As an officer, or director of a company, or co-shareholder you can’t always please everyone, especially shareholders. Sometimes an unhappy shareholder sues the board of directors on behalf of the corporation. This is called a derivative lawsuit. In response, the corporation and/or its directors hire legal representation to defend them from individual liability. When a case like this is brought before us to review, the company first thinks of the business judgment rule. This defense is most frequently cited in shareholder litigation and various other director and officer liability lawsuits. The rule provides protection against many claims and demands made by minority interest shareholders. There are some important issues that clients and shareholders need to evaluate regarding this defense. This page will offer a general introduction to the business judgment rule as applied in New Jersey.
The Director’s Duty
Although shareholders own the corporation, it is the directors who are charged with the management of its business and affairs. That’s the legal obligation of a board under New Jersey corporation laws.
The business judgment rule “protects a board of directors and its officers from being second-guessed on decisions affecting business affairs except in instances of fraud, self-dealing, or unconscionable conduct.” One of the purposes of the rule is to “promote and protect the full and free exercise of the power of management given to the directors and management.” The rule also serves to recruit qualified businessmen and women to serve as directors/officers who are willing to approve responsible entrepreneurial risks inherent in running a business. Generally, the business judgment rule reflects a judicial reluctance to interfere with business decisions absent a showing of bad faith. Remember, judges are lawyers and generally not very qualified to run the affairs of a corporation or business of which they know very little.
The business judgment rule is not absolute. Rather, it is a “rebuttable presumption” that places an initial burden on the person who challenges a corporate decision to demonstrate the decision-maker’s “self-dealing or other illegal or inappropriate factor”. If the challenger meets that initial burden, the burden of proof shifts to the defendant directors or officers to show that their actions were, in fact, fair to the corporation. By law, a breach of legal duties, i.e., due care, loyalty, and good faith — negates benefits that flow from the business judgment rule and permits a challenger to void an action of the board under the entire fairness standard.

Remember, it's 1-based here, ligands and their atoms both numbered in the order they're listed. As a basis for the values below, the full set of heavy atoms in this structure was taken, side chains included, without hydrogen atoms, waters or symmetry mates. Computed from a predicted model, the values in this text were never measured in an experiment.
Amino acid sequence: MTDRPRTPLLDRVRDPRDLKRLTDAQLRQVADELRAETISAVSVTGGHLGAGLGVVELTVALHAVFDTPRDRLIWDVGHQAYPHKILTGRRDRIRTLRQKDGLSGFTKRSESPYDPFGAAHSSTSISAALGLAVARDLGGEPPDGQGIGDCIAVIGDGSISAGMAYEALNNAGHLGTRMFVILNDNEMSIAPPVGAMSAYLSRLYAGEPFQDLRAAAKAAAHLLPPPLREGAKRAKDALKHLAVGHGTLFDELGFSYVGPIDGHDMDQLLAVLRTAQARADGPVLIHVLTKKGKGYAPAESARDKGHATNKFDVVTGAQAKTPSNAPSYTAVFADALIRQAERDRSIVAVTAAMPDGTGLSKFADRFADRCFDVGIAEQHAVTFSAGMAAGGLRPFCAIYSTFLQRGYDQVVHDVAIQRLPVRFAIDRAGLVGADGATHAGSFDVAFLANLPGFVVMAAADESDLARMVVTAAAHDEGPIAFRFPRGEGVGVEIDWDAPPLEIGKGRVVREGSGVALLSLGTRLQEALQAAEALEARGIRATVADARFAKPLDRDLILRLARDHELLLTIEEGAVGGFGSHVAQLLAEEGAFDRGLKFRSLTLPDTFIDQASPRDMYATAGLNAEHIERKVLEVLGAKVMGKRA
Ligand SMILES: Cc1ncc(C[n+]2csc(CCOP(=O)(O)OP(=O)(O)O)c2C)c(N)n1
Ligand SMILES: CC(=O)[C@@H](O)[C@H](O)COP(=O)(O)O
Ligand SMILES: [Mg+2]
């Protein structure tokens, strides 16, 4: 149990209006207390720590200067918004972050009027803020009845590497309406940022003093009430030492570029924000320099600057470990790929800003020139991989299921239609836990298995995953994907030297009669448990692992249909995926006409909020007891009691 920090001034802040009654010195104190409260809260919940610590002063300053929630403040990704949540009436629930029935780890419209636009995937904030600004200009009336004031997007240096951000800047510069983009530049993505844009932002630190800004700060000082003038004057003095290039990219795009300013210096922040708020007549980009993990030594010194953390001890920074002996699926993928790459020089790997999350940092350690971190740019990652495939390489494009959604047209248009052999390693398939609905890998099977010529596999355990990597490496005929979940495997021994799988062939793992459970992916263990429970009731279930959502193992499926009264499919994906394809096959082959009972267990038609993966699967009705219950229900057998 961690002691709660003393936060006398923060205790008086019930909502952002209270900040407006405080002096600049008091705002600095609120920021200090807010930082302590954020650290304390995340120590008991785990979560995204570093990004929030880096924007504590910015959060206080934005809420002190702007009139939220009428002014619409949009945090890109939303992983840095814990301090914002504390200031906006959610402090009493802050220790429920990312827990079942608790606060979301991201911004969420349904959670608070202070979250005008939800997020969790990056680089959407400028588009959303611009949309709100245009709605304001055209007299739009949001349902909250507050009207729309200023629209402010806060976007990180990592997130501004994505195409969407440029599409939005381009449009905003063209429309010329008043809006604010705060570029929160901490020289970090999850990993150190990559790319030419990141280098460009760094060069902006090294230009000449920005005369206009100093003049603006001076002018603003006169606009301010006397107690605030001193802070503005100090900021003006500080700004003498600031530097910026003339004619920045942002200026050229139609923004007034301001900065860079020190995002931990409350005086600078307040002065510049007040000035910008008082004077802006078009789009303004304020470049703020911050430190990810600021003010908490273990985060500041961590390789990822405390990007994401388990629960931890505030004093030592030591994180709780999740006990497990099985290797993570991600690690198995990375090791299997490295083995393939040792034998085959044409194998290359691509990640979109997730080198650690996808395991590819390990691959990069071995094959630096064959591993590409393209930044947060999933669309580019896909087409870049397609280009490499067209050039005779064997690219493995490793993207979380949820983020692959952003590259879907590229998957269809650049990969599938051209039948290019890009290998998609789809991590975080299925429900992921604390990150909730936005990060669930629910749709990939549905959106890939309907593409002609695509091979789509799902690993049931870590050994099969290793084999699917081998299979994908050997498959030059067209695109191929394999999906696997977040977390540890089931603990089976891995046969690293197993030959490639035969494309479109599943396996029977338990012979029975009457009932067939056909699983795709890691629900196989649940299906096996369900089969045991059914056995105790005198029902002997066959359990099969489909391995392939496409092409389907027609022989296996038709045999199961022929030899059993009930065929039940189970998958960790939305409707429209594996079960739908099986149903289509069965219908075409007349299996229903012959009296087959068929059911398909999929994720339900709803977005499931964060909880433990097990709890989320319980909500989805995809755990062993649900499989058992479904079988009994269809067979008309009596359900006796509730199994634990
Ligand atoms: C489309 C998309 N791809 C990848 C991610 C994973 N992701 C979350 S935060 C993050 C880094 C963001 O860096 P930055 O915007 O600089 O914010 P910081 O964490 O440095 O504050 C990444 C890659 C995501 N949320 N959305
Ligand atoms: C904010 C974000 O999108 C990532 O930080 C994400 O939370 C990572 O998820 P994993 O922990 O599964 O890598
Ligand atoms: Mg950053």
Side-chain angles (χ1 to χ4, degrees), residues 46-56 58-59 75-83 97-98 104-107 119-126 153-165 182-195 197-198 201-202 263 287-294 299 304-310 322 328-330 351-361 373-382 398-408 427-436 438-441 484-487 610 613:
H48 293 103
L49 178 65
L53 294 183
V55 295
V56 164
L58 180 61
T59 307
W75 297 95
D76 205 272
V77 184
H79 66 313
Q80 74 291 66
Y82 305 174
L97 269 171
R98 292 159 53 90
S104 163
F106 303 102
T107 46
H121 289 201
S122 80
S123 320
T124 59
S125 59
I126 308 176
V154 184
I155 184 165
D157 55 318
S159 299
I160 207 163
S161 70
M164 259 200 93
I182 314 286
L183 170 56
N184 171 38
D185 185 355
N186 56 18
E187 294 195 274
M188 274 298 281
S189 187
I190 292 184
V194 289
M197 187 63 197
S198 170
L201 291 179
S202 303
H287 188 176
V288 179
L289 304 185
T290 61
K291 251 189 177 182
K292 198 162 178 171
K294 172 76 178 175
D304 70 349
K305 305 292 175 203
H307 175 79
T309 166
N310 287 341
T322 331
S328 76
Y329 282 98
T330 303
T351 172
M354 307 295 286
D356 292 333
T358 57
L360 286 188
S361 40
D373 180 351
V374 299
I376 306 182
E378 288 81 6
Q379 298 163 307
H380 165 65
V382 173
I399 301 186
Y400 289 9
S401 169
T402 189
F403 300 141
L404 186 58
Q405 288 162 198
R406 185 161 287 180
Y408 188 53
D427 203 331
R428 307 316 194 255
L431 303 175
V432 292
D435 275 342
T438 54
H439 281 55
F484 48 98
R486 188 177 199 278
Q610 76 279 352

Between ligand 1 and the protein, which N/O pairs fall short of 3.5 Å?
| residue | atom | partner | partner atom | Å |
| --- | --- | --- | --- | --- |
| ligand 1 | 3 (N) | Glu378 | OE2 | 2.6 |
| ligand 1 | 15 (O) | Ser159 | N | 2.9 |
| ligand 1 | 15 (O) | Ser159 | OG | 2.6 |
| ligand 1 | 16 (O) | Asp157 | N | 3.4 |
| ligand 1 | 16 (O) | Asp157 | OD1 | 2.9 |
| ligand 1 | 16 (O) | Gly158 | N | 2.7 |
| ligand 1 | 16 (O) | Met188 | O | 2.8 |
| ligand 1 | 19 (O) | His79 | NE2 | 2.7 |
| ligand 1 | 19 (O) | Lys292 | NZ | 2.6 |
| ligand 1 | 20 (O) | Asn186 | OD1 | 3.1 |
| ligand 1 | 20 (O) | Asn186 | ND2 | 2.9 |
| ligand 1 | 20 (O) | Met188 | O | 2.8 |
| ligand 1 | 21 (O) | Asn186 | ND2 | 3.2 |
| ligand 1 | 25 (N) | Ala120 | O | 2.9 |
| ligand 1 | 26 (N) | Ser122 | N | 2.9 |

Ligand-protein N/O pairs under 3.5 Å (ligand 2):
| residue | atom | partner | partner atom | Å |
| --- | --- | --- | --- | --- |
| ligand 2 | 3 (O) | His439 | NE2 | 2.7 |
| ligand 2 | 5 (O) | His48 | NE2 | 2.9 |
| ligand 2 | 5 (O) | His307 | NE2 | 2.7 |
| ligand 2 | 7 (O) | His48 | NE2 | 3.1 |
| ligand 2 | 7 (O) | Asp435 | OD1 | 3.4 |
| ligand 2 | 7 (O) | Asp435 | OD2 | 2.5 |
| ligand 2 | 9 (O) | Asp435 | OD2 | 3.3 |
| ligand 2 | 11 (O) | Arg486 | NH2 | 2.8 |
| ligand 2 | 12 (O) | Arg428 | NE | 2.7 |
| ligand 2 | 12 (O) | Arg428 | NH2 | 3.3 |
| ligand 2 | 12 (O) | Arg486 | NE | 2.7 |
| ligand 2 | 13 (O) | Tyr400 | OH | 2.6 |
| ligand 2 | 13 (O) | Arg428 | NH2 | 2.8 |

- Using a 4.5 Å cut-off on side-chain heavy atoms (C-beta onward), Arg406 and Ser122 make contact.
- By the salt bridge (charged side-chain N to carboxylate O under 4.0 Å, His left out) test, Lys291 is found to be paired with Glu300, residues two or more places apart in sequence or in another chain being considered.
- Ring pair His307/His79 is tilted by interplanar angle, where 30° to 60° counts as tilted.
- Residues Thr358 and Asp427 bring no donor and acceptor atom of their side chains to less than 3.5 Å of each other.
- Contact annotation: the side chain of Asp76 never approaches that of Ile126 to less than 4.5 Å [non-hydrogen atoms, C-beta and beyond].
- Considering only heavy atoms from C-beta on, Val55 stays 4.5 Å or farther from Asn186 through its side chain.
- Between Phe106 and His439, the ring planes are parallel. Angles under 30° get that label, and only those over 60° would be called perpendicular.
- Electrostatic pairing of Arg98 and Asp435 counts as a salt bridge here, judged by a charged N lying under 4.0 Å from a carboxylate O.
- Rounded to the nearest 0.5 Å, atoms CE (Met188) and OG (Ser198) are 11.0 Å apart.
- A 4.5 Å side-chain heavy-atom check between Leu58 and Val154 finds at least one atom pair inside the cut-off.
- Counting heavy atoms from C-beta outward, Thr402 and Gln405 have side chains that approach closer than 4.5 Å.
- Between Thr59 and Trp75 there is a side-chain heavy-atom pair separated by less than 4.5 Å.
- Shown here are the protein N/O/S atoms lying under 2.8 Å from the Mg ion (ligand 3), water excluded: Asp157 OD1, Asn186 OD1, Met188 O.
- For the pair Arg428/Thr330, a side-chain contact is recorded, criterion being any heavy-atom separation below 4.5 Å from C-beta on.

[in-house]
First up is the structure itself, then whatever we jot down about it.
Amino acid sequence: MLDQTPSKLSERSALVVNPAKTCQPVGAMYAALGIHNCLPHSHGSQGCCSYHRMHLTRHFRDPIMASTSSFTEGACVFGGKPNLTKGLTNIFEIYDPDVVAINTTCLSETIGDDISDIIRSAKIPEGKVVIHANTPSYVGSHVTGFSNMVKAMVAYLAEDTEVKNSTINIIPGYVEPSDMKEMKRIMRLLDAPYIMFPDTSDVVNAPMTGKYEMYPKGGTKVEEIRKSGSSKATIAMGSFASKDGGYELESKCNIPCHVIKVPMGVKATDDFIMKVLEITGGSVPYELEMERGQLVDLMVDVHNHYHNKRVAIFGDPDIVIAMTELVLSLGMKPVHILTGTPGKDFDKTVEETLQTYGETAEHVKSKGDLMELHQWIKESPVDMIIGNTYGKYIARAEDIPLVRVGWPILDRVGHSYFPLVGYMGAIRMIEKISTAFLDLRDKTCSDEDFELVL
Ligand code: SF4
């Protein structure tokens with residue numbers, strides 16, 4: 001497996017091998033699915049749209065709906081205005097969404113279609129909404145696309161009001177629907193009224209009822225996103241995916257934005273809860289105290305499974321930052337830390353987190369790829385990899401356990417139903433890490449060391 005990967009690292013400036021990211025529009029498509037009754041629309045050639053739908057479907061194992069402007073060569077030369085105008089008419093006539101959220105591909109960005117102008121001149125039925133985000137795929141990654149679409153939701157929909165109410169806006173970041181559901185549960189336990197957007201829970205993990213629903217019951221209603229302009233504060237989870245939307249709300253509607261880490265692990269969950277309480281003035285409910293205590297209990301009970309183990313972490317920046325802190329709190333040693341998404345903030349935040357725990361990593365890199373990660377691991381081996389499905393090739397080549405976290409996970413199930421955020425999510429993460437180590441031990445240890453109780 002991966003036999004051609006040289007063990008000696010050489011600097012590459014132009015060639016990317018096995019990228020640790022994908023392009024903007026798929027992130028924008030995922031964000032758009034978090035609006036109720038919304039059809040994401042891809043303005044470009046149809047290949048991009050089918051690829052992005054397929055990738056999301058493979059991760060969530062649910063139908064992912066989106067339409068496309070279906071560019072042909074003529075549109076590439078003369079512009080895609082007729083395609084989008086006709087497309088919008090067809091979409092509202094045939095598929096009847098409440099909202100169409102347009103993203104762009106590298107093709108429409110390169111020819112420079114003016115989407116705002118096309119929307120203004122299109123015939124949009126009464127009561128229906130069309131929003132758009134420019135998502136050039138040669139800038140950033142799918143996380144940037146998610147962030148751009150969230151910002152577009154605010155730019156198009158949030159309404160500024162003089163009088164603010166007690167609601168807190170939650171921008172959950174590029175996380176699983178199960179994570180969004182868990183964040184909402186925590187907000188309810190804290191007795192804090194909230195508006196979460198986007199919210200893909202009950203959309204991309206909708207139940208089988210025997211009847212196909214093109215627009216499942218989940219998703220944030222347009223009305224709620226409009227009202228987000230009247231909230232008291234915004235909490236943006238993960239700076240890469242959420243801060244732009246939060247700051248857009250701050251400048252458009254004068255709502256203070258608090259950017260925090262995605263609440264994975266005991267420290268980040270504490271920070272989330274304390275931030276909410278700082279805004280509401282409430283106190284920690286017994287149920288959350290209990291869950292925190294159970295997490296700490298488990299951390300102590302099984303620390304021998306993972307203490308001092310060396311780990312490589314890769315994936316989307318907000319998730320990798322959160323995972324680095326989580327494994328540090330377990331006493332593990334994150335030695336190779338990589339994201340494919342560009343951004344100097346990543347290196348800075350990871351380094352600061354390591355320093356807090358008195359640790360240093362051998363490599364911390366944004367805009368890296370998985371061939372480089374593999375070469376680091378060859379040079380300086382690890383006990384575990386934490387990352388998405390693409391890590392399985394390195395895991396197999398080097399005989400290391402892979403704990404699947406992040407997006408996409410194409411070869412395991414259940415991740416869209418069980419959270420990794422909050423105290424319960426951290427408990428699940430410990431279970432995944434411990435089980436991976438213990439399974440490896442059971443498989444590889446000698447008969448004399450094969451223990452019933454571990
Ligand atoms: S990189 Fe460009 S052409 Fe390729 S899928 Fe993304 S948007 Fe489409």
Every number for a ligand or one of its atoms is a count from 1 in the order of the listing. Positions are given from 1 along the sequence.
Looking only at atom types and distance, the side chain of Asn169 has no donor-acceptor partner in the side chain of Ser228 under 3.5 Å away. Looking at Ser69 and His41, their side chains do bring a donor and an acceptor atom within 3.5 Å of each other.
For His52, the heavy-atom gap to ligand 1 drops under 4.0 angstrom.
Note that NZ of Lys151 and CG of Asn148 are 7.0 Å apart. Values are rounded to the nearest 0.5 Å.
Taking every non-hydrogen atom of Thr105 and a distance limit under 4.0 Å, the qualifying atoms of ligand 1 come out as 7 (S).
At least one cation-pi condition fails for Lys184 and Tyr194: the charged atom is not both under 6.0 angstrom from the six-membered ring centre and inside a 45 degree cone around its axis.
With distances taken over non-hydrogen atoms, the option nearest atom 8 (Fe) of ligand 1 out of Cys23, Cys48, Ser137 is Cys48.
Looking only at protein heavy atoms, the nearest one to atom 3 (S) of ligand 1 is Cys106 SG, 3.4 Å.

Directors and officers owe a fiduciary duty to the corporation and, by extension, its shareholders. The breach of that duty imposes personal liability on the director and enables individual shareholders to initiate a derivative claim on behalf of the corporation, especially when the corporation is complicit in the action.
The Business Judgment Rule and Oppressed Minority Shareholders
The business judgment rule is often cited in minority shareholder oppression actions. Generally, a claim of majority oppression or freeze-out in a closely held corporation will similarly shift the burden to the corporation and its directors “to show the intrinsic fairness of the transaction in question upon the showing of self-dealing or ‘other disabling factor’. ” To learn more about minority oppressed shareholders law visit the page found on this site which discusses the law in considerable detail.
The business judgment rule can offer significant protection to directors and officers. It is not, however, absolute nor does it shield directors or officers from instances of fraud, self-dealing, or other unconscionable conduct.
Contact me personally to discuss your rights as an officer/director of a NJ company. I am easy to talk to, very approachable and can offer you practical, legal ways to handle your concerns and protect your interests and the interests of your company. You can reach me toll free at (855) 376-5291 or email me at firstname.lastname@example.org
Written by Fredrick P. Niemann, Esq. of Hanlon Niemann & Wright, a Freehold Township, Monmouth County New Jersey Shareholder Rights Attorney